The road to recovery following a catastrophic accident is often long and difficult. Such was the case for Florida State Trooper Carlos Rosario, injured back in 2017 and finally returning to work again on January 9.
The incident made headlines in March 2017 when a distracted driver lost control of a vehicle and slammed into Rosario while he was conducting a traffic stop. Rosario, working a speed detail on the Dolphin Expressway, was on the shoulder of the road and was thrown around 30 feet from his car by the impact. His injuries were critical and involved his face, spine and lower extremities. Over his long recuperative period, Rosario underwent “multiple surgeries, learned to walk, talk and rely on others for basic life needs.”
The driver in this case was arrested and was ultimately given probation for his role in the accident. But apparently he’s in good company; Florida ranked second for distracted driving in a 2017 study. The study, based on data gathered from the motion-sensing app EverDrive, a product of the online insurance firm Everquote Inc., took into account speeding, aggressive turning, sudden acceleration, hard braking and other movement during the time that a driver’s phone was in use. The study’s findings were shocking but predictable. During the 30-day focus period for the study, 92 percent of drivers around the country with cell phones used them while their cars were in motion. Only Louisiana’s drivers scored worse.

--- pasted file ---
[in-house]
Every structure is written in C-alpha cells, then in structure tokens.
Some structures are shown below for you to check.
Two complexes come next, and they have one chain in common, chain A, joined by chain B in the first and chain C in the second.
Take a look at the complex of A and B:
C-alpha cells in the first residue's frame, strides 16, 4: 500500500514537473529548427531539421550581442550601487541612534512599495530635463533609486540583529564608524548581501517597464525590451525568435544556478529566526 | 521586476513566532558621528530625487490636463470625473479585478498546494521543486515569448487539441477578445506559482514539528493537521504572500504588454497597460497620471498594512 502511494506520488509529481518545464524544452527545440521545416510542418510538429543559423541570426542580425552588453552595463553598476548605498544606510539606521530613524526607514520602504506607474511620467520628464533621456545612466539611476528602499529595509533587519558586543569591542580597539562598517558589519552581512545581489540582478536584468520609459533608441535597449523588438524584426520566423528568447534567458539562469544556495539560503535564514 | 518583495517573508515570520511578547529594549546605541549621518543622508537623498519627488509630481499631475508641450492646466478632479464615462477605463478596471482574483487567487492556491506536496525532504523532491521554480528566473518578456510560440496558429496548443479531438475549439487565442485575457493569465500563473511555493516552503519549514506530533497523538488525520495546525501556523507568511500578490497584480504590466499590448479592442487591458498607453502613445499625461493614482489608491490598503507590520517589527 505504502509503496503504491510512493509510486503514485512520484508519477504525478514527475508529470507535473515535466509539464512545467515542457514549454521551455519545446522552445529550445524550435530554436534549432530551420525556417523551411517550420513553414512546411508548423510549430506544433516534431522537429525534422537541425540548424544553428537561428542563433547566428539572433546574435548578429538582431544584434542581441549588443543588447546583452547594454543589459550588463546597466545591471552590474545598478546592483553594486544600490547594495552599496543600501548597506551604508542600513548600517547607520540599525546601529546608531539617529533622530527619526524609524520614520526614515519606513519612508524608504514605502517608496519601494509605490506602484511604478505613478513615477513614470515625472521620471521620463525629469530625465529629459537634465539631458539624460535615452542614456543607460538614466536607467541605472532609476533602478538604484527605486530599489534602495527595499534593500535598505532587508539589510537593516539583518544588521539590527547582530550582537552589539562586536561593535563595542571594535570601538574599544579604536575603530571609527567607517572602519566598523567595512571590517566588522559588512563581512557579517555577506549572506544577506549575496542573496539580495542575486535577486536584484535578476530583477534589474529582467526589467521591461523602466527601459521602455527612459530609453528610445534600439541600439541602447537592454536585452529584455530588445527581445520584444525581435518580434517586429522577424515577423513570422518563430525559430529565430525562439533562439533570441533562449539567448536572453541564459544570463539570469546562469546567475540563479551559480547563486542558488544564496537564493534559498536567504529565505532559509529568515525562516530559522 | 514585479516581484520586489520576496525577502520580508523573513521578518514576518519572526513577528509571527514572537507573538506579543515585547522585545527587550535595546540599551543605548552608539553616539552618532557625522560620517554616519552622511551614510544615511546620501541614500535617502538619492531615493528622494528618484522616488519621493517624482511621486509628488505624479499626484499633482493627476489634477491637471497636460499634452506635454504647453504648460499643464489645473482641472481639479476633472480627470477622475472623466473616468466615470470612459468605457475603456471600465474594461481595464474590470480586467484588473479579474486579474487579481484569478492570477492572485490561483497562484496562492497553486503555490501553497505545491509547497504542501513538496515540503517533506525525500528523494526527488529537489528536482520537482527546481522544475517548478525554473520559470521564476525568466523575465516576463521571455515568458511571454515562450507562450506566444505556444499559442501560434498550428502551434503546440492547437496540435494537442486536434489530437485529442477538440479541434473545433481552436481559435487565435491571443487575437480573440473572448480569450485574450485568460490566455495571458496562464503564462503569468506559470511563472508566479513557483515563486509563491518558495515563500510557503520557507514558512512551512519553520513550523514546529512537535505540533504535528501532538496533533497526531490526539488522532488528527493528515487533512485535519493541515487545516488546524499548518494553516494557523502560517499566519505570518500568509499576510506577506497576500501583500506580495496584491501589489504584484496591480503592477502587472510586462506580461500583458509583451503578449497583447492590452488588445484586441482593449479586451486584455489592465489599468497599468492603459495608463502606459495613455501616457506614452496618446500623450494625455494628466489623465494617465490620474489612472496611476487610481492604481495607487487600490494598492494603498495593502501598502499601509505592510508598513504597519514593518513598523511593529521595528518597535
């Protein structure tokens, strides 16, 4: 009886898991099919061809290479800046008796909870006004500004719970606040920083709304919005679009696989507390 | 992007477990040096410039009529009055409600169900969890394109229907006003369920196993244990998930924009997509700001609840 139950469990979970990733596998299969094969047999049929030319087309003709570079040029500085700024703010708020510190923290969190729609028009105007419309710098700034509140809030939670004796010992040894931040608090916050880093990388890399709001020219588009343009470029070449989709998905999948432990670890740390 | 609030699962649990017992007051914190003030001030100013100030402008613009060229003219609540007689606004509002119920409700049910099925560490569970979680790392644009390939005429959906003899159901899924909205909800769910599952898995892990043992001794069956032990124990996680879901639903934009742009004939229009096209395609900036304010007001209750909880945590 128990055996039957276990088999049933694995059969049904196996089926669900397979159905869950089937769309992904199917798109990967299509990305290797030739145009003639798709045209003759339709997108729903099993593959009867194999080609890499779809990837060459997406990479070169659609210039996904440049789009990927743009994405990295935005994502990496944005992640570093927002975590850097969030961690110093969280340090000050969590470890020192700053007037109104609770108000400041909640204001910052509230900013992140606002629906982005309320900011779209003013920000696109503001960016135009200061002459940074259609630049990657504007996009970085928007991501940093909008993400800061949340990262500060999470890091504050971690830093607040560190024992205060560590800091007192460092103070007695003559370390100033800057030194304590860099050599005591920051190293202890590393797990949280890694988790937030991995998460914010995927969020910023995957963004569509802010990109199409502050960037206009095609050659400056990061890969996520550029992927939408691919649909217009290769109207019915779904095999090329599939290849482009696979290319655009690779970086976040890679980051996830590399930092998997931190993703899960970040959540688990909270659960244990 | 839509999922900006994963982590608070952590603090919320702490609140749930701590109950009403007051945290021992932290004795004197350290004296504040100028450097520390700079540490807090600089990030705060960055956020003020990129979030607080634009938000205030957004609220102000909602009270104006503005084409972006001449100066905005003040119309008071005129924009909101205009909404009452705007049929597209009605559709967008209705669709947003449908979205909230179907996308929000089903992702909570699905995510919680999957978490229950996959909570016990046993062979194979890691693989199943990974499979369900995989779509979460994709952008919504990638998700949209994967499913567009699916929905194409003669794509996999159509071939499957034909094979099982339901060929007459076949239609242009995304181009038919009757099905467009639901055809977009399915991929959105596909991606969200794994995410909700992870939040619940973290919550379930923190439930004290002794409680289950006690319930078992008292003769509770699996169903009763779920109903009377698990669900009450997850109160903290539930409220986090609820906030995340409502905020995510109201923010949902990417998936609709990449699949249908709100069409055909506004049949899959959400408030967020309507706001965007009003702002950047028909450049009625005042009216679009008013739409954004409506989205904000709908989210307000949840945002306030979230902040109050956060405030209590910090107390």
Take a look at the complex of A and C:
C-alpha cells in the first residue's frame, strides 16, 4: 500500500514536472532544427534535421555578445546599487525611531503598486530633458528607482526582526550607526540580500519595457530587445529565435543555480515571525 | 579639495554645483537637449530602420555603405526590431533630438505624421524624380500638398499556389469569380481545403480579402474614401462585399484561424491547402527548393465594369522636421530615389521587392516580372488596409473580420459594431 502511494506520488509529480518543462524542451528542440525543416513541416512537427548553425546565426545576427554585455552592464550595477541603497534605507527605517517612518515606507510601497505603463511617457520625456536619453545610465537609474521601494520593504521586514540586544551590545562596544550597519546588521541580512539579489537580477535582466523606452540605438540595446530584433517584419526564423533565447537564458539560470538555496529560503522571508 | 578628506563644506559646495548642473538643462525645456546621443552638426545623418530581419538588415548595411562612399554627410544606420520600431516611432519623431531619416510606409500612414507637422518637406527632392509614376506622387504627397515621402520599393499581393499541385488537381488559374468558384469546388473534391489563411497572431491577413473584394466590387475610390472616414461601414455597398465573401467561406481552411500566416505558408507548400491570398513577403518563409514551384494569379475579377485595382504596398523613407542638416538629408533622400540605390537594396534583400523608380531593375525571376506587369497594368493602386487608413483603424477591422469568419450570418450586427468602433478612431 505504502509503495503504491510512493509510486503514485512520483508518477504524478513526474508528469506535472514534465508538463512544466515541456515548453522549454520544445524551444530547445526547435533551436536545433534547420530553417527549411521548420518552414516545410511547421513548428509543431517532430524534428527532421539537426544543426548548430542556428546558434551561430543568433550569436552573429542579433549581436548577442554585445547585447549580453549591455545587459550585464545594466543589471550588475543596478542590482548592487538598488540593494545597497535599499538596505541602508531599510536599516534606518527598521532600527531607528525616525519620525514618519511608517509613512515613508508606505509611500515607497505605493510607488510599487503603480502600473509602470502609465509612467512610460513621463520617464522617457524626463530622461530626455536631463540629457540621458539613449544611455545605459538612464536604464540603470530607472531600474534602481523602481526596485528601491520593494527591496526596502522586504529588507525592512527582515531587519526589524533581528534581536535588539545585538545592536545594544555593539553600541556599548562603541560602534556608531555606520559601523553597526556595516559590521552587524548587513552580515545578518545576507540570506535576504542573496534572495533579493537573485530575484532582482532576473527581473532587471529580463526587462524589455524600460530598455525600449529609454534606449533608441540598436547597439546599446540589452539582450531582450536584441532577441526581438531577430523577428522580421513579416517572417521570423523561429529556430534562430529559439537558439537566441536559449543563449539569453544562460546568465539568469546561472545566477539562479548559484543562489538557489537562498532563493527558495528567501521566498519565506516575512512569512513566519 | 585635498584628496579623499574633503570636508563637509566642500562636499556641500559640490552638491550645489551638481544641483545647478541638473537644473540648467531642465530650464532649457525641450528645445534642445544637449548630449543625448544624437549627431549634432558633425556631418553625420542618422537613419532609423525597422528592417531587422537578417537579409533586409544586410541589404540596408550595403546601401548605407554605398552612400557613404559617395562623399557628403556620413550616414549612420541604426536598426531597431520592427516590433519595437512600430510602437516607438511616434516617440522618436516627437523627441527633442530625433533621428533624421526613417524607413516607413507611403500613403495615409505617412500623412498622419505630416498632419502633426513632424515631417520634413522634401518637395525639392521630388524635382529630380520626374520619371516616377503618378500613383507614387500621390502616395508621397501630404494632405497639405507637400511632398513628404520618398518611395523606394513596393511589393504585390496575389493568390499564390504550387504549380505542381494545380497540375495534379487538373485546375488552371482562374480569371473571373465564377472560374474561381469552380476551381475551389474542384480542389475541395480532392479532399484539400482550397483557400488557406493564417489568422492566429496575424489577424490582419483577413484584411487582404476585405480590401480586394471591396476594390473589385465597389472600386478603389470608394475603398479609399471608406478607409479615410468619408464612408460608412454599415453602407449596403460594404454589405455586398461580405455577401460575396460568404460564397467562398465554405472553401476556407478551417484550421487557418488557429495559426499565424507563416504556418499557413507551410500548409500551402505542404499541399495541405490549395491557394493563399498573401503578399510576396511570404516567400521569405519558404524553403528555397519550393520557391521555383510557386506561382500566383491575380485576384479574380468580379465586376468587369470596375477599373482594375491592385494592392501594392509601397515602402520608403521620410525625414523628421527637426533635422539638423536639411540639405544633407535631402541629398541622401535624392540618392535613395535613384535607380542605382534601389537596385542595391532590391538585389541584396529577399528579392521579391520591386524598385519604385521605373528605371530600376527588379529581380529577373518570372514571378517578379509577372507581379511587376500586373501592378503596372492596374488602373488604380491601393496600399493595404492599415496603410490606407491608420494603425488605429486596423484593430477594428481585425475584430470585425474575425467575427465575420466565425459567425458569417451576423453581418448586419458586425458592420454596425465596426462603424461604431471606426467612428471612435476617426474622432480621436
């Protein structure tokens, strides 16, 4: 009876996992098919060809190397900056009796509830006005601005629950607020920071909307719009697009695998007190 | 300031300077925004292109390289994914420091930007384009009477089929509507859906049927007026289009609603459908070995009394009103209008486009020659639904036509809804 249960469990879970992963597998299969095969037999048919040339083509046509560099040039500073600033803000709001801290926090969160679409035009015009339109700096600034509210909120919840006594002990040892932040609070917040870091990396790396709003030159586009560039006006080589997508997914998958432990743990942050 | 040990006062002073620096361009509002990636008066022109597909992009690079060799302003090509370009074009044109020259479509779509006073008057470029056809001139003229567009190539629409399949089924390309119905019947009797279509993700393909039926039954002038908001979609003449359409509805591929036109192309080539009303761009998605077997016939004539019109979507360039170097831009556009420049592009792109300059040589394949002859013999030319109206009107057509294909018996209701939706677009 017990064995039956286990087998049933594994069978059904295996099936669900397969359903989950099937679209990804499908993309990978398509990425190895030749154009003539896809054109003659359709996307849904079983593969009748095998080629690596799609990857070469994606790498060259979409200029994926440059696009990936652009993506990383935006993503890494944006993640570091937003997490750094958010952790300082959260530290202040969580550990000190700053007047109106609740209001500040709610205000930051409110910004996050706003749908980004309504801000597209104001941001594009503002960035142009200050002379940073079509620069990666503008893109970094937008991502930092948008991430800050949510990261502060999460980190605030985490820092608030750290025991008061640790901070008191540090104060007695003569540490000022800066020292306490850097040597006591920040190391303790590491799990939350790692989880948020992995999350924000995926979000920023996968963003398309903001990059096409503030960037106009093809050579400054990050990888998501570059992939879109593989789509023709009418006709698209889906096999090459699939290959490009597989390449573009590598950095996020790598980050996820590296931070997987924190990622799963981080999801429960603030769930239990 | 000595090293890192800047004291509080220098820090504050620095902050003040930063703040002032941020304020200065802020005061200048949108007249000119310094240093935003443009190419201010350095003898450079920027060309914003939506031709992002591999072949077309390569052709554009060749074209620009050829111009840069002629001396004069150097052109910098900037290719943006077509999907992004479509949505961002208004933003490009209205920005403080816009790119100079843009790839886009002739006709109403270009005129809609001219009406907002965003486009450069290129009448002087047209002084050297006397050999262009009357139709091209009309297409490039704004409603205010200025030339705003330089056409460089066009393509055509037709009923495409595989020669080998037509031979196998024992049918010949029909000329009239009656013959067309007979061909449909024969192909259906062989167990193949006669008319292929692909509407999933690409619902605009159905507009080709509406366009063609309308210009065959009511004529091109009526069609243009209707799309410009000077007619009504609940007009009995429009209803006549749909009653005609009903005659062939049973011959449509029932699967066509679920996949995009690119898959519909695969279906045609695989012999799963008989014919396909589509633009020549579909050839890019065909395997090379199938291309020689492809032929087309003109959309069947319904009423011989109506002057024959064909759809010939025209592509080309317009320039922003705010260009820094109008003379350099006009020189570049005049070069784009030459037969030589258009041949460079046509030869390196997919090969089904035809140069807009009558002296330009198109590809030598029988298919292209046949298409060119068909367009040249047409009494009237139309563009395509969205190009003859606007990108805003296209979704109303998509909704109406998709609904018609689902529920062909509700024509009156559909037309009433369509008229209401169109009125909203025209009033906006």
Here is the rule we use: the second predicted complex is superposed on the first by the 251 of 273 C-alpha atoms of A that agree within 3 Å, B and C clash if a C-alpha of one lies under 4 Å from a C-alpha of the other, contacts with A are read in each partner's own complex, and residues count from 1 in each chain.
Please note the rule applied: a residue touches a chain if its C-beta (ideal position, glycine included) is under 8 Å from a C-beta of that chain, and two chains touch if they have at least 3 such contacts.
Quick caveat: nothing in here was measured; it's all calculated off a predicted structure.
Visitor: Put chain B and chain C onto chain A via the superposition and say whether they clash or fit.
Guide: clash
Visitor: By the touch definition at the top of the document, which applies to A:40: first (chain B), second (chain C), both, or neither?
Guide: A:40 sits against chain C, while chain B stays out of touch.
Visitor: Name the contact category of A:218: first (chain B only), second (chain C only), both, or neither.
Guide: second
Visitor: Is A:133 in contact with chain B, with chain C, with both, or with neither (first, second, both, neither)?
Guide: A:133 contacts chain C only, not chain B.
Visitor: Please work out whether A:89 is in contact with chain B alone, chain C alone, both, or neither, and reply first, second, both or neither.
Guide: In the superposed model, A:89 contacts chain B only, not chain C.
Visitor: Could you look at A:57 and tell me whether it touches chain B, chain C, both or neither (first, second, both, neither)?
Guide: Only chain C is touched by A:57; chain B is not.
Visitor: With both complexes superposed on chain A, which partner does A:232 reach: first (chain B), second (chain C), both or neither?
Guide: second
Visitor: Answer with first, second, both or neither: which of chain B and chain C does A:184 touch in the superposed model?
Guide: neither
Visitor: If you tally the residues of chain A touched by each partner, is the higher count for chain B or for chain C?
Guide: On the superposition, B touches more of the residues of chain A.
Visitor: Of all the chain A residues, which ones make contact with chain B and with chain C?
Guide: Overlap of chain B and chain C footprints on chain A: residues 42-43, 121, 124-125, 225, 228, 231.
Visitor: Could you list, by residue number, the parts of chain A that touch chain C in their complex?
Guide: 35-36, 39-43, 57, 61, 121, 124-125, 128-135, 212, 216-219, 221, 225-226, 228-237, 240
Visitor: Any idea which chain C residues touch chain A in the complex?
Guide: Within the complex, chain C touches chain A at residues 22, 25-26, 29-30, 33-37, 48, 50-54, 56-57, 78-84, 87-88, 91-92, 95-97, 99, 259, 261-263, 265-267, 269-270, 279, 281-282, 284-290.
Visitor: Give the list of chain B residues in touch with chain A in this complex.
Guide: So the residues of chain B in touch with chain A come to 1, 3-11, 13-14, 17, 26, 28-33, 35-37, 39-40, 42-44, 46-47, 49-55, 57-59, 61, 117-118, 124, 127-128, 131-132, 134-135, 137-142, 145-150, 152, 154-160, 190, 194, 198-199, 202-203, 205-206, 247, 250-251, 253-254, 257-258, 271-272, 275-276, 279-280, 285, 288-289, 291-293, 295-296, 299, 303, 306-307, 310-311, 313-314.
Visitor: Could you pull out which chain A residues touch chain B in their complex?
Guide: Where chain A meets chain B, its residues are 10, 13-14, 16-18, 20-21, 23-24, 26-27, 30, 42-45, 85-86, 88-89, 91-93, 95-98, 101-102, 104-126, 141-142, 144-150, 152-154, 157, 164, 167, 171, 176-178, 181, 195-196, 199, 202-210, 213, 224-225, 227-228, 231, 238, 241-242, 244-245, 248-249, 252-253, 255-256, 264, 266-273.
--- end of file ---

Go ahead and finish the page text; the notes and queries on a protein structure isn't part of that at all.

Florida’s Department of Highway Safety and Motor Vehicles’ compiled data suggests that the study might be right on point. In 2016, the department notes that more than 50,000 crashes were attributed to distracted driving throughout the state. That amounts to around five crashes each hour. Distracted driving led to upwards of 3,500 serious injuries and 233 fatalities on Florida’s roadways that year. FHP estimates that those stats may be too low. Under-reporting of information about distracted driving is the rule, not the exception, since many drivers are not forthcoming in admitting that they were texting or playing on Facebook when they caused an accident.
Texting while driving is currently illegal in Florida, but it is only enforced as a secondary offense, meaning that police cannot pull a driver over solely for texting while driving. However, they can cite the driver texting while driving if they stop the driver for other infractions.
Florida legislators are looking to change all that with Senate Bill 76, which comes back up in 2019 for vote. The bill looks to “prohibit drivers from texting, reading data and talking on handheld devices” while operating a moving vehicle.
If you or someone you love has been affected by a texting or distracted driver, you have a right to collect damages for any injuries that occurred as a result. Contact our Fort Lauderdale car accident attorney as soon as possible following your accident to set up a consultation and review of your case’s details.